We were flush that month. The fish had returned to the fishermen and Trudy made fishcakes and fish pies for the laborers at the docks. We ate mackerel, sole, and haddock, and we had lemons; thousands of lemons arrived in containers from warmed climes, carrying not only lemons, but spiders, insects, rodents, and bats; the giant fruit bats had slept all the way from the Philippines; and when the containers were unloaded, they were all set free into the ash and soot and coal dust. A mouse is a mouse is a mouse, you say. Not so. Imagine the Flatflesh mice with their giant incisors and furless chests: what scores of fleas have crisscrossed the ocean with them? Theirs are eyes that defeated empires. They ran amok and made their new homes in the trees, in the gutters, along the boardwalks, in flower pots and empty barbecues, all along the railroad, then struck out into the last remaining forests to fight the fox and the toad, and when the population settled here it spread across the valleys and the plains of this great nation, where more can be taken with a little, where fireflies live and die in the oceans of the meadows. Yes, we were flush that month, and we savored it.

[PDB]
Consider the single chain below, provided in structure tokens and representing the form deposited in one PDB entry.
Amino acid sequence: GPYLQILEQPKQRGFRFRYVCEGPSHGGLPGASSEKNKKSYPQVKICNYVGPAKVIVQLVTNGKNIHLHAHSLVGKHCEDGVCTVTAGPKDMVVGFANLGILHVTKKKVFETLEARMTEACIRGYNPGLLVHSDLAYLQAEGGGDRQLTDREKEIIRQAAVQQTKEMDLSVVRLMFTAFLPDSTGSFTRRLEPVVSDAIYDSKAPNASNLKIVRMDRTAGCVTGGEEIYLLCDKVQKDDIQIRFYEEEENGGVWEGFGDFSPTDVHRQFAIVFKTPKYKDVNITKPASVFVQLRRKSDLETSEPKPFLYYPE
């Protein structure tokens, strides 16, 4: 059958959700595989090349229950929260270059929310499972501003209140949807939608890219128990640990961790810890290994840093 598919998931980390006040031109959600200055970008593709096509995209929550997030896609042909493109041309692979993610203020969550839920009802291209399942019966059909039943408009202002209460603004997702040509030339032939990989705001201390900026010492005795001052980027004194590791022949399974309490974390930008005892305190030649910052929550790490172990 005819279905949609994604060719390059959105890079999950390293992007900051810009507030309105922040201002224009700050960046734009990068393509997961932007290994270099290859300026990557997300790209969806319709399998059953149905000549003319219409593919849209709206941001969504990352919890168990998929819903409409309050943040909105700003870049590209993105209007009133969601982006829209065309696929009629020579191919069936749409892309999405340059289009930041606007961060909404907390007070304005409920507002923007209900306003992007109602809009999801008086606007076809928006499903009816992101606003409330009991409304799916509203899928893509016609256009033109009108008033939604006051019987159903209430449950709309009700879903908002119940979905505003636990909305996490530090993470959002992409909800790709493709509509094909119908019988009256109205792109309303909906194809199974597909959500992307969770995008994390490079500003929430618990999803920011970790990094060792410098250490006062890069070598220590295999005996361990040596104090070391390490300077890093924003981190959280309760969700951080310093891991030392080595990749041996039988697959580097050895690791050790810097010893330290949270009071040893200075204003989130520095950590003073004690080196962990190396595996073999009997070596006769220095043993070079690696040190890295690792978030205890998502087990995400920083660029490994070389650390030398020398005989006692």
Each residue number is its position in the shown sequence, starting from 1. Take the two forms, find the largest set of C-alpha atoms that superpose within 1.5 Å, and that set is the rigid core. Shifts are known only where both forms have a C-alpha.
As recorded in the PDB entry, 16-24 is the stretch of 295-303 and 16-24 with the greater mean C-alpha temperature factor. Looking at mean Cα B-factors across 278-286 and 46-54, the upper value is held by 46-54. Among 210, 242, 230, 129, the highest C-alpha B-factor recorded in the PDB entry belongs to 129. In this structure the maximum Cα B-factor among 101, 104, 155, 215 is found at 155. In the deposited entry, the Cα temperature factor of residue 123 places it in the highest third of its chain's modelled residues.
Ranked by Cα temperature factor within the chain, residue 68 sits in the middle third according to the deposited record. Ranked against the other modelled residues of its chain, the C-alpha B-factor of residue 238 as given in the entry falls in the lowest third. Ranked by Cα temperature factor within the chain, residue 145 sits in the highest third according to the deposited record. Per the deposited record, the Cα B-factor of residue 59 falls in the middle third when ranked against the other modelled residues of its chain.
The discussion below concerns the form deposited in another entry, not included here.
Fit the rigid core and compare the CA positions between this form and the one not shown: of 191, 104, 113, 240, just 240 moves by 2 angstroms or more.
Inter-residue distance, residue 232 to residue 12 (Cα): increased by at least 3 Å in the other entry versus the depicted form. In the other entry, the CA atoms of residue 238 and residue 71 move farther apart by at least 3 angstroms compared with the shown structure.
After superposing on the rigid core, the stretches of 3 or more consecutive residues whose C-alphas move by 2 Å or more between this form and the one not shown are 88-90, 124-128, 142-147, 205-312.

Marc Vincenz photoMarc Vincenz a poet, fiction writer, translator and editor. He has published over 30 books of poetry, fiction and translation. His work has been published in The Nation, Ploughshares, Raritan, and The Los Angeles Review of Books. He is publisher and editor of MadHat Press and publisher of New American Writing.